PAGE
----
Roundtable Dinners – The Seminar Alternative: Part 2
In Part 1 of this series I explained what goes on behind-the-scenes before your actual dinner. In this article, we’ll deal the dinner itself, and I’ll give you tips and pointers on how to make it as effective as possible. Here we go!
Step Four: THE DINNER
At dinner, it’s crucial to engage your diners. Talk about topics of interest. Be smart with your time, and don’t waste time on a topic of little interest to your intimate group. It’s simple: if you predetermined that everyone in attendance is extremely happy with their current short term investment positions, don’t spend time talking about three-month C.D’s. On the other hand, if there seems to be mutual concern regarding retirement accounts, spend time on this. Tailor the discussion based on your audience’s questions and feedback. You want to legitimately help your prospects, because in return they will like and trust you a key for closing the sale.
Unlike a seminar held in a big, spacious conference room, attendees sitting around a table at a nice restaurant can’t hide from conversation. Immersed in this social setting, the dinner table creates a less-threatening atmosphere where clients can share their personal needs and desires. Not only this, but when someone buys you dinner it’s culturally correct to be responsive to your host. Engagement isn’t an issue with Roundtable Dinners™.
PULL DON’T PUSH!
Don’t be obnoxious and force-feed a conversation with a predictable destination. Be interested and pull information from your prospective clients to get the conversation rolling. This is what makes Roundtable Dinners™ so much more effective than seminars. You have the ability to get to know the needs and concerns of the folks at the table by simply being interested and doing a bit of gentle steering. If you are careful to pull and not push information, the conversation flows easily and results come naturally. Done correctly, the evening will effortlessly progress into an informative and valuable experience for your guests.
Many will be very interested in setting up an appointment when you contact them and, if you’ve really done a good job, they will be pushing you for a time to meet. The key is to pull information and not push it. Once you’ve pulled out the diners’ concerns and interests, you will find yourself leading an effortless discussion that acutely addresses the needs of your interested audience.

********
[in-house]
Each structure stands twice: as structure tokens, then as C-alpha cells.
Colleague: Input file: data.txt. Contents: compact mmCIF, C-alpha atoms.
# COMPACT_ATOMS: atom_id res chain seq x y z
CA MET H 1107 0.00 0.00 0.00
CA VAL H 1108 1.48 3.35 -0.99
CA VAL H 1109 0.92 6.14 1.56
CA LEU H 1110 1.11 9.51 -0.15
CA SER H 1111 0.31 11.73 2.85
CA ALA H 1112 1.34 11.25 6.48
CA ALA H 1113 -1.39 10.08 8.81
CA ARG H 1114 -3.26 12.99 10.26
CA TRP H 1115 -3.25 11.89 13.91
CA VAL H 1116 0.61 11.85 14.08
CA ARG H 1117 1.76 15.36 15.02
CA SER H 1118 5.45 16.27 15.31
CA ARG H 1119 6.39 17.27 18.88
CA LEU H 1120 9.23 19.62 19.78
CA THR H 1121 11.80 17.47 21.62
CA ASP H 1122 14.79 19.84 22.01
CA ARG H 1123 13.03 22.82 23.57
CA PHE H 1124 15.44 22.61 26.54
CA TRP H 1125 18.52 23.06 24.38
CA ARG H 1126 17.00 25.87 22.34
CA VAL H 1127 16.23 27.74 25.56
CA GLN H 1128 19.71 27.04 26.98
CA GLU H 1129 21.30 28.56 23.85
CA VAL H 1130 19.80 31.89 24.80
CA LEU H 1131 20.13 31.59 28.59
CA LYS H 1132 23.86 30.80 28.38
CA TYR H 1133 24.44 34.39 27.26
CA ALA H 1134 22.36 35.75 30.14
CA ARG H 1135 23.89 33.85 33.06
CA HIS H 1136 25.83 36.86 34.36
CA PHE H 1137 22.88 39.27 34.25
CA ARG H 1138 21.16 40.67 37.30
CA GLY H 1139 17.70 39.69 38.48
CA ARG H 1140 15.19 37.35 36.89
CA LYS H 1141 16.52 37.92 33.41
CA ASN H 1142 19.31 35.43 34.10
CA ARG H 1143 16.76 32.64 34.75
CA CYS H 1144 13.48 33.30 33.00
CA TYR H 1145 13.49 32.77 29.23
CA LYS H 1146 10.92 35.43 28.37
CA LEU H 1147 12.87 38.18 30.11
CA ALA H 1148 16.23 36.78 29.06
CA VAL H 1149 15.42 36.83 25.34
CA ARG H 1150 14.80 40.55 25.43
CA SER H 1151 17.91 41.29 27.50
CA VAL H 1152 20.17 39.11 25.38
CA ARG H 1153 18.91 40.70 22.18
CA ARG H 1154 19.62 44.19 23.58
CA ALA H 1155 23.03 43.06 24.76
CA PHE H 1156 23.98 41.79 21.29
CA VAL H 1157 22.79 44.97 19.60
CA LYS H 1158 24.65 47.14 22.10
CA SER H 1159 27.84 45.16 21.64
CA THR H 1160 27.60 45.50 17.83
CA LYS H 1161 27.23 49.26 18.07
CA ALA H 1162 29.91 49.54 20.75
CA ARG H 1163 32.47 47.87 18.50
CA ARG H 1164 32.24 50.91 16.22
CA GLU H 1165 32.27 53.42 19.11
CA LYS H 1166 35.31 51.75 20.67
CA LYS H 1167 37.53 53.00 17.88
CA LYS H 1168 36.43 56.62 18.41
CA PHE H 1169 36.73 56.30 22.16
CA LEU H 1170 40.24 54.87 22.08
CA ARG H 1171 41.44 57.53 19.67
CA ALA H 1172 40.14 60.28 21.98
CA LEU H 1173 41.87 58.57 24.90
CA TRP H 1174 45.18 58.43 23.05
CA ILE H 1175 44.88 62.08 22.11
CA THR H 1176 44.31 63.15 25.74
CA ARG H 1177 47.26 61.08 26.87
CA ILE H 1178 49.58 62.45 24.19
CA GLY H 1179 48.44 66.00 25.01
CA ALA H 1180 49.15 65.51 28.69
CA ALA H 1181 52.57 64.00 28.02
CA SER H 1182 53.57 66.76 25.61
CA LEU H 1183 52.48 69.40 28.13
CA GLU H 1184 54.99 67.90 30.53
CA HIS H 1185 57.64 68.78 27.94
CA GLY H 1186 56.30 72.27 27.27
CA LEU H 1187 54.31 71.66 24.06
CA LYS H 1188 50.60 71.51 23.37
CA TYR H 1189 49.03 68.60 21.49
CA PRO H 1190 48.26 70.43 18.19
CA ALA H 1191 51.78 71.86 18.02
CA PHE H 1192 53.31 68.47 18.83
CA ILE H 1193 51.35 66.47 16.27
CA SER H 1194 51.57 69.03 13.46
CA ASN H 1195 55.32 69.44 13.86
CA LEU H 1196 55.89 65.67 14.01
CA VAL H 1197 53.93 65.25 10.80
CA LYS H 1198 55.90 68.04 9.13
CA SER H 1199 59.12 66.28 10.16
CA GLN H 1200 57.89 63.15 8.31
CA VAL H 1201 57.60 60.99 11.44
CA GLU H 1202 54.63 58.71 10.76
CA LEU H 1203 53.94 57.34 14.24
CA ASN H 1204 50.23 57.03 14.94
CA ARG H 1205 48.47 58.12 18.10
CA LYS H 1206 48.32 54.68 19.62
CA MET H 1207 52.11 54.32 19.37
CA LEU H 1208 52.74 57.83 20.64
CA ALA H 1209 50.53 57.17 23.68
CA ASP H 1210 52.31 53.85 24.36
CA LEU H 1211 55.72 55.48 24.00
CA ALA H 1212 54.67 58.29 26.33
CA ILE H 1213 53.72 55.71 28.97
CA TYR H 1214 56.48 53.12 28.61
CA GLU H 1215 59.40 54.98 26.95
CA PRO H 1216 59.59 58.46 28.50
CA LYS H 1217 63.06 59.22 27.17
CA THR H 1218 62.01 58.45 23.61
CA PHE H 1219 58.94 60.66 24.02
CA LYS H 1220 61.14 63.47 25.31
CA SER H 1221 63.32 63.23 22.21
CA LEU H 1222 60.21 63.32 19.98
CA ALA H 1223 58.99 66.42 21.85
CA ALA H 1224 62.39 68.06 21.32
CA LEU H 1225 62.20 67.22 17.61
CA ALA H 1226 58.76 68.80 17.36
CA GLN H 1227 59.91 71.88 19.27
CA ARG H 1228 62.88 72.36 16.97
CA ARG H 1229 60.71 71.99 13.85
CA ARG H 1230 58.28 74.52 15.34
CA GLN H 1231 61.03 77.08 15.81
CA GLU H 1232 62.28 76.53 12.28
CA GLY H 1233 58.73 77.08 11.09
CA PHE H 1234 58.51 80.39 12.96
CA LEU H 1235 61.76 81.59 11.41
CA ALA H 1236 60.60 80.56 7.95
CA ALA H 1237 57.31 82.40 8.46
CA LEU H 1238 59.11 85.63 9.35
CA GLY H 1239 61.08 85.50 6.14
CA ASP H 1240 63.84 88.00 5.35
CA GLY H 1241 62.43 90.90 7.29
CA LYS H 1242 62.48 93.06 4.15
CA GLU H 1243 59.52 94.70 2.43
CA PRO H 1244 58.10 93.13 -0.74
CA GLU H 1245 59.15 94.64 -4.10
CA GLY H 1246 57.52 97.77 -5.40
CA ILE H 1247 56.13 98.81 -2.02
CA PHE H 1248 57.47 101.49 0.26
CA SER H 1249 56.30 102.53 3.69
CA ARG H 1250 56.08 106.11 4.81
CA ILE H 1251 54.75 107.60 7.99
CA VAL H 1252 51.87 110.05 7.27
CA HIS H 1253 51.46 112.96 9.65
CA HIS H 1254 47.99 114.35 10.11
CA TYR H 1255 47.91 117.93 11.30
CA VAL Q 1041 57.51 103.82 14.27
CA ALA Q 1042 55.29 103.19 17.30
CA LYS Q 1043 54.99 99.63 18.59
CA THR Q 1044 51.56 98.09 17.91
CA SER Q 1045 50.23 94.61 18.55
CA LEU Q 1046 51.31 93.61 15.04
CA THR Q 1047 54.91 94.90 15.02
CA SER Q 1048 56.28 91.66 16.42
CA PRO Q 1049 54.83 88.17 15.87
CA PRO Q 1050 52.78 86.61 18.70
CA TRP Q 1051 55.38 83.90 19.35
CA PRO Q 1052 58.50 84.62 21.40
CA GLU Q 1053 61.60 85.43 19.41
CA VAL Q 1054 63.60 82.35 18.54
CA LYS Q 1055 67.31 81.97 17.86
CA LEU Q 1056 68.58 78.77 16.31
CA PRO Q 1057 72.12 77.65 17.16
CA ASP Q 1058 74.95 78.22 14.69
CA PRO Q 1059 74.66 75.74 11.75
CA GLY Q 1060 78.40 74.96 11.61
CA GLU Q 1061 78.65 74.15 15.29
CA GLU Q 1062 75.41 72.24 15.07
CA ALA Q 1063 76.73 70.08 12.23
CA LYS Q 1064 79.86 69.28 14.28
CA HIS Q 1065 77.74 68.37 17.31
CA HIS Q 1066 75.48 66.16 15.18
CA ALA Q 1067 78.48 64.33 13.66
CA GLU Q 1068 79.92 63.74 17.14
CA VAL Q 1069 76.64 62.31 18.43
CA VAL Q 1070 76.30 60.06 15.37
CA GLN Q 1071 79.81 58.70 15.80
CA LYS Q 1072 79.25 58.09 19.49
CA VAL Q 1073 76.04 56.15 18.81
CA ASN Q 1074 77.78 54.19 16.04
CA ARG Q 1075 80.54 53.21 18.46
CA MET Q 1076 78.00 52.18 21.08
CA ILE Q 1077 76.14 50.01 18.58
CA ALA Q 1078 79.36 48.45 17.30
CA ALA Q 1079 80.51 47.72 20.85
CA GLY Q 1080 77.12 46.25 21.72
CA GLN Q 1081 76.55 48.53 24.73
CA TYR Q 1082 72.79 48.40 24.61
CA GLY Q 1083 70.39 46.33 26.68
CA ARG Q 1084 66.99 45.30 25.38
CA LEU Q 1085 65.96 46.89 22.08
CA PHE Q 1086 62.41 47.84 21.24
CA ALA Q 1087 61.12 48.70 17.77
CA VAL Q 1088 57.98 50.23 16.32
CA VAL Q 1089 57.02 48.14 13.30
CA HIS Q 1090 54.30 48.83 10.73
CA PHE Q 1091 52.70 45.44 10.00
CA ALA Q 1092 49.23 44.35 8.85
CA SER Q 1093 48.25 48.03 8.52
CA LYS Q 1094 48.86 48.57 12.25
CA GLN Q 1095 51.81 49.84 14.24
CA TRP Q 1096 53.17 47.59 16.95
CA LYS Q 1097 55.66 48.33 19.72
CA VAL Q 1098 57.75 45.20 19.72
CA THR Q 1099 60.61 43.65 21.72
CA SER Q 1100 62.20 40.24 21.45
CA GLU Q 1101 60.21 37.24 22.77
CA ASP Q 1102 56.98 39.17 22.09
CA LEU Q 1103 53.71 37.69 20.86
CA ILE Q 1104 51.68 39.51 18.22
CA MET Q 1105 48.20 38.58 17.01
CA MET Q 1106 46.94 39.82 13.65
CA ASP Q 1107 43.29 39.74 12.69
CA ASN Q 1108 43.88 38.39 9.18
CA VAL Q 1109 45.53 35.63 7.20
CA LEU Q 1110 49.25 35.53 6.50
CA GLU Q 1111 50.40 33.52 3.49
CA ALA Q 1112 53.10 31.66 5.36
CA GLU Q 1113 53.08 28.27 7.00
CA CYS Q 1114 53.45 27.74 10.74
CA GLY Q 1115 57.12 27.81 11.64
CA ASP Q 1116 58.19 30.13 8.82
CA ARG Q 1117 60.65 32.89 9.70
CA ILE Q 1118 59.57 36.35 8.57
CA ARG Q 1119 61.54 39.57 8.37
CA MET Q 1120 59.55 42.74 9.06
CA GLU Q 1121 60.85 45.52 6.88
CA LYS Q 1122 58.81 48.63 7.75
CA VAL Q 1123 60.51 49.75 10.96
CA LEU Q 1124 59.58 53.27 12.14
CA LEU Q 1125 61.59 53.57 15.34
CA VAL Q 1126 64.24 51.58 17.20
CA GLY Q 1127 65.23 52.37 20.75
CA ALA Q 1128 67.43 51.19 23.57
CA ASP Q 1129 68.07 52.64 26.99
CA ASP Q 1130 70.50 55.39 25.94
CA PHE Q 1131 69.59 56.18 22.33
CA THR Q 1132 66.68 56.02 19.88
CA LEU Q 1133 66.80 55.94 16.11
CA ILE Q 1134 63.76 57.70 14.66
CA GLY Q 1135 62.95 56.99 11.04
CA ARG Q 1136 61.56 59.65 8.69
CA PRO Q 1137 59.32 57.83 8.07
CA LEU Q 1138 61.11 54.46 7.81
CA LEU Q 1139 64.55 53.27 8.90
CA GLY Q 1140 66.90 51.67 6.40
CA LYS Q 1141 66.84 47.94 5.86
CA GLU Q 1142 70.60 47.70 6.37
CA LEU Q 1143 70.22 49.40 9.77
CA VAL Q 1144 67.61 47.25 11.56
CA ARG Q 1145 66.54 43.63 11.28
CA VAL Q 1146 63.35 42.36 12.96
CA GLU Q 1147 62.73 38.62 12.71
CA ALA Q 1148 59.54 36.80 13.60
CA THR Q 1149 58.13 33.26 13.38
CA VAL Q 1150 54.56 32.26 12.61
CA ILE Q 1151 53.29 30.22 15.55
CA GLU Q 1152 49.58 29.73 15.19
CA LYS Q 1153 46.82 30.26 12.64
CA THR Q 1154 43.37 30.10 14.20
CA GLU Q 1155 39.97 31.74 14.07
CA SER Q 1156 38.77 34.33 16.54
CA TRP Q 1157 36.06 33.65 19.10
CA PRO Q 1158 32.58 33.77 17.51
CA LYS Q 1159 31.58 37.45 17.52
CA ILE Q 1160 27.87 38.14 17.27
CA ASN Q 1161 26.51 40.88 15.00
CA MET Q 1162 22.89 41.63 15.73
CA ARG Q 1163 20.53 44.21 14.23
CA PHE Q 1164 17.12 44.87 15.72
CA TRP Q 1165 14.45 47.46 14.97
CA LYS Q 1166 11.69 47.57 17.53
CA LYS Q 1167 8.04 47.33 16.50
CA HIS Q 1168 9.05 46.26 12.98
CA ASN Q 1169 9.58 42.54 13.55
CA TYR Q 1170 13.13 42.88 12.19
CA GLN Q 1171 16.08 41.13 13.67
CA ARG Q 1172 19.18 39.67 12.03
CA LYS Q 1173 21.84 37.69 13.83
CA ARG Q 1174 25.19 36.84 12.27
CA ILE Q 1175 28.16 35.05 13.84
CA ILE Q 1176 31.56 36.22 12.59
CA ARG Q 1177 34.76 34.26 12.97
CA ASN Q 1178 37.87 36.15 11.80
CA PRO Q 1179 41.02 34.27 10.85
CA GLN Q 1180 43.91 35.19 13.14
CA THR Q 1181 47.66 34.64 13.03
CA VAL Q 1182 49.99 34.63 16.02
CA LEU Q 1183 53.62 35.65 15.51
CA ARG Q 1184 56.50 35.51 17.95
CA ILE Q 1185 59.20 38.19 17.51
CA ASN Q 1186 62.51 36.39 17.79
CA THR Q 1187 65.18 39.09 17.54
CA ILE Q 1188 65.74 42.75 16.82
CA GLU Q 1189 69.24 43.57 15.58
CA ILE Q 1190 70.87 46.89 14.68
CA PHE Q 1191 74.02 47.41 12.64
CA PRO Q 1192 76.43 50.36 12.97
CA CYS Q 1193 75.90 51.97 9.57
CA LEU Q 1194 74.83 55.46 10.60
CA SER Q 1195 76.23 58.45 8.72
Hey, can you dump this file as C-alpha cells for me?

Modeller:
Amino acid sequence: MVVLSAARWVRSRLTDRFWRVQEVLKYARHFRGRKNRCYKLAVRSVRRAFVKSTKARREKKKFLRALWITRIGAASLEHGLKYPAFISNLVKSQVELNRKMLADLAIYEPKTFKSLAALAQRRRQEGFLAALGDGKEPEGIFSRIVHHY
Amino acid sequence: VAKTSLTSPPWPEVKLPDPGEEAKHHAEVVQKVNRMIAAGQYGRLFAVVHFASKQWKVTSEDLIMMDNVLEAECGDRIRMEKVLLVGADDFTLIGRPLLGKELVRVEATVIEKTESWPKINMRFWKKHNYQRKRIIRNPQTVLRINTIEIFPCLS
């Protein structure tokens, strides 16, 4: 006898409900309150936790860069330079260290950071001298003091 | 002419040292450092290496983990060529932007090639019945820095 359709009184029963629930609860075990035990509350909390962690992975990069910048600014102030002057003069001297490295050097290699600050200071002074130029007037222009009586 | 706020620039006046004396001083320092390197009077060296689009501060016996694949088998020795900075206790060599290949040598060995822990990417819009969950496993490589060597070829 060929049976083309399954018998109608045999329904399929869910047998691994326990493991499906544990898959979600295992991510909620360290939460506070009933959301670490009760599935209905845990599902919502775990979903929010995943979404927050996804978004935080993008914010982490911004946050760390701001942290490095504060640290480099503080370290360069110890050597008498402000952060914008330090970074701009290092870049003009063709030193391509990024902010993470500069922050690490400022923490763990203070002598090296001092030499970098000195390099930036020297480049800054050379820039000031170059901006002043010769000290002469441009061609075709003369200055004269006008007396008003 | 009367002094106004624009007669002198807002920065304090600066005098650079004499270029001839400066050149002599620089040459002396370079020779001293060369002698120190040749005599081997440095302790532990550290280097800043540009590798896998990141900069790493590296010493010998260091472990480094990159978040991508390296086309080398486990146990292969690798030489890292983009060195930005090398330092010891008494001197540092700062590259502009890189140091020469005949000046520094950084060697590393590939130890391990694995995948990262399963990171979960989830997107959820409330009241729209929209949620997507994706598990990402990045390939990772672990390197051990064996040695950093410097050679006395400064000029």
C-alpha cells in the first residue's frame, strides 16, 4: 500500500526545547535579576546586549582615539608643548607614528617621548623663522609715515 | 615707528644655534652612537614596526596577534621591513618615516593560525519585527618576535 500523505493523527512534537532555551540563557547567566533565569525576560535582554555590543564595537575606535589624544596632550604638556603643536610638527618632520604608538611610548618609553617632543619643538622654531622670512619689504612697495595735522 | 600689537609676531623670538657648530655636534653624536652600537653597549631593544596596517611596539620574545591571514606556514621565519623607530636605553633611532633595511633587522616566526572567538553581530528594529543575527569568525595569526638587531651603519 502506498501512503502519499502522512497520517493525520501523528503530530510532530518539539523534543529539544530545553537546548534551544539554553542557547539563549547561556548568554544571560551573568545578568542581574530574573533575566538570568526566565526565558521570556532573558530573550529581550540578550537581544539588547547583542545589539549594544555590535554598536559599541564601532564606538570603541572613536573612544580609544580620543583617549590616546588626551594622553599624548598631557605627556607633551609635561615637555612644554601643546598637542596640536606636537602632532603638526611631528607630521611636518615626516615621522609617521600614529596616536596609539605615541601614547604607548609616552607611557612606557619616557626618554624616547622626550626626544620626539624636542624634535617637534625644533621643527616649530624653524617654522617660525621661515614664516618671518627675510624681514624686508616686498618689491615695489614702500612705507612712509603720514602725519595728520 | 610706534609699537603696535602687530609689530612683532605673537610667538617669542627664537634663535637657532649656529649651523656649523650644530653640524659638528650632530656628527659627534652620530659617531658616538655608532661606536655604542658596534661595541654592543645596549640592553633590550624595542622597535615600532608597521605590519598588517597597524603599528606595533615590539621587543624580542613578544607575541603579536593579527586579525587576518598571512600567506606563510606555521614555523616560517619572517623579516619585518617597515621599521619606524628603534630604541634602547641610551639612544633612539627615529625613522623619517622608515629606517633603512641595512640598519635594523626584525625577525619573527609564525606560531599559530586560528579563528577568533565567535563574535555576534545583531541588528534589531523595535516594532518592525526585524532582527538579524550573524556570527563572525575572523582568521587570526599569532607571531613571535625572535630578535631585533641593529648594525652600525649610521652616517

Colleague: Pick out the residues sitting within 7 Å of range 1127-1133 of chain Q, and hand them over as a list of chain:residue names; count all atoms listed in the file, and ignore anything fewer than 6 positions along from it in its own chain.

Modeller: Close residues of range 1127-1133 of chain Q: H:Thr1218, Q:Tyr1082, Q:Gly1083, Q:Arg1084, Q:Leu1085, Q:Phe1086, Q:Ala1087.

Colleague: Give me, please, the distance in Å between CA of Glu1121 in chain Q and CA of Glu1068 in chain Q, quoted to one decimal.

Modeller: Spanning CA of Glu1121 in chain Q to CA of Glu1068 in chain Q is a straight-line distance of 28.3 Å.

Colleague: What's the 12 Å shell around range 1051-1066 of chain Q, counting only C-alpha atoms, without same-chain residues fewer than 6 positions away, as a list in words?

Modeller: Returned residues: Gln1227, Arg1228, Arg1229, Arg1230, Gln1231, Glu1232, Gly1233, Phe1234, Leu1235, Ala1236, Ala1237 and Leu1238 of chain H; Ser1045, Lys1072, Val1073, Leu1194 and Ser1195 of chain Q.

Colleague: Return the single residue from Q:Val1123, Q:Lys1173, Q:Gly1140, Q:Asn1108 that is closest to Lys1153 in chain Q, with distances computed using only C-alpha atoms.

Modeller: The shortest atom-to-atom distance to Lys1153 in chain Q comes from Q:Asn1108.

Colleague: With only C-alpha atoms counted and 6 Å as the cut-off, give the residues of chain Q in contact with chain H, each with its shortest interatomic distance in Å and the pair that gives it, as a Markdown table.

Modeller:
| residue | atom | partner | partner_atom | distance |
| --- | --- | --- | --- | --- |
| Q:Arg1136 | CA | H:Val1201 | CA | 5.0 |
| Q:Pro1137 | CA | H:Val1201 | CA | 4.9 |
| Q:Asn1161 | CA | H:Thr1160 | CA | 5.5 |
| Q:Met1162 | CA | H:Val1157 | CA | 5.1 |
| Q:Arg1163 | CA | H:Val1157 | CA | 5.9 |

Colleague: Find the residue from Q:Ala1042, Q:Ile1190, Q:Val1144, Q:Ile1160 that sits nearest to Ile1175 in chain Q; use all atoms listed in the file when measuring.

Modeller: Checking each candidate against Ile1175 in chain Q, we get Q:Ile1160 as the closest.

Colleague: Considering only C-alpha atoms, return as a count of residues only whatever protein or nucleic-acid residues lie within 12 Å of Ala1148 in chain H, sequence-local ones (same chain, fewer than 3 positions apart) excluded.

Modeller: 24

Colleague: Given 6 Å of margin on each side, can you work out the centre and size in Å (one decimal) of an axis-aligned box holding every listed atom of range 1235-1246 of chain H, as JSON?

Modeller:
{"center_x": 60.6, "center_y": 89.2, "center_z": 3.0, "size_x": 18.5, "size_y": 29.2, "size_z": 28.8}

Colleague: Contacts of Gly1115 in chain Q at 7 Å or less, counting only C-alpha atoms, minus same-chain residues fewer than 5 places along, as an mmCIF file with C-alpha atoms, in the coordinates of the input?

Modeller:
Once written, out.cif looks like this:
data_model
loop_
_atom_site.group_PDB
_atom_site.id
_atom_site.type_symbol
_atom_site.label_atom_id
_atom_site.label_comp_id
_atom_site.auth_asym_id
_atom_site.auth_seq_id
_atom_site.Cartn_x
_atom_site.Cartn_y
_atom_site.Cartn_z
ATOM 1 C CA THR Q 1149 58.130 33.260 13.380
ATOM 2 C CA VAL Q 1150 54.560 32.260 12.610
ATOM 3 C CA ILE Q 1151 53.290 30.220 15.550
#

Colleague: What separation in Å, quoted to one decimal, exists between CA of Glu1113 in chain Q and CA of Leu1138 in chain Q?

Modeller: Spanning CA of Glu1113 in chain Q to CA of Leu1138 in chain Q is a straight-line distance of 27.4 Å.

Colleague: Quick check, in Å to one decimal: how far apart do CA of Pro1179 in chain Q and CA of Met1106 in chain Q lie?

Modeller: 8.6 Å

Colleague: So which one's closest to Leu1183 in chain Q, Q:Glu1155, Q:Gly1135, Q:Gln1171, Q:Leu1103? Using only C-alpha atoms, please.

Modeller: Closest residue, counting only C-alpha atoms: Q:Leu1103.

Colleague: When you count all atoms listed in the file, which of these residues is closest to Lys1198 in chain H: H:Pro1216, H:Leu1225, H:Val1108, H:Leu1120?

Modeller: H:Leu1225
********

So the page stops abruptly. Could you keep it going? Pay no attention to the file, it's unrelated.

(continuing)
The discussion works best when it’s positioned as an educational discussion rather than a heavy marketing ploy. Again, pull, don’t push leave out the heavy promotion of your products and services. It’s important to let your prospects feel comfortable with you and confident in your investment expertise. You can help put them at ease by telling them upfront “there will be no active selling at your dinner.” Your main goal at your Roundtable Dinners™ is to build trust and establish your expertise.
AT THE CLOSE OF THE DINNER
After dinner and conversation, your guests will start to push their chairs back from the table. As things draw to a close, look for appropriate openings to ask for appointments. You’ve undoubtedly done this before, so trust your instincts and act. Here are a few pointers to guide you:
- If your guests ask you to call them back for an appointment, get specific details, like the best number to reach them at and the best time to call.
- Walk them to the door.
- Be warm and cordial.
- Don’t think that you have to sell them every step of the way.
- Pull Selling is more effective than Push Selling in any situation, but it’s especially true at a dinner event.
If you want more information about Pull Selling, give us a call 1-800-442-0112 and one of our experts will be happy to talk to you. And don’t forget to read the third part of this series. It’s all about the follow-up after your Roundtable Dinner™!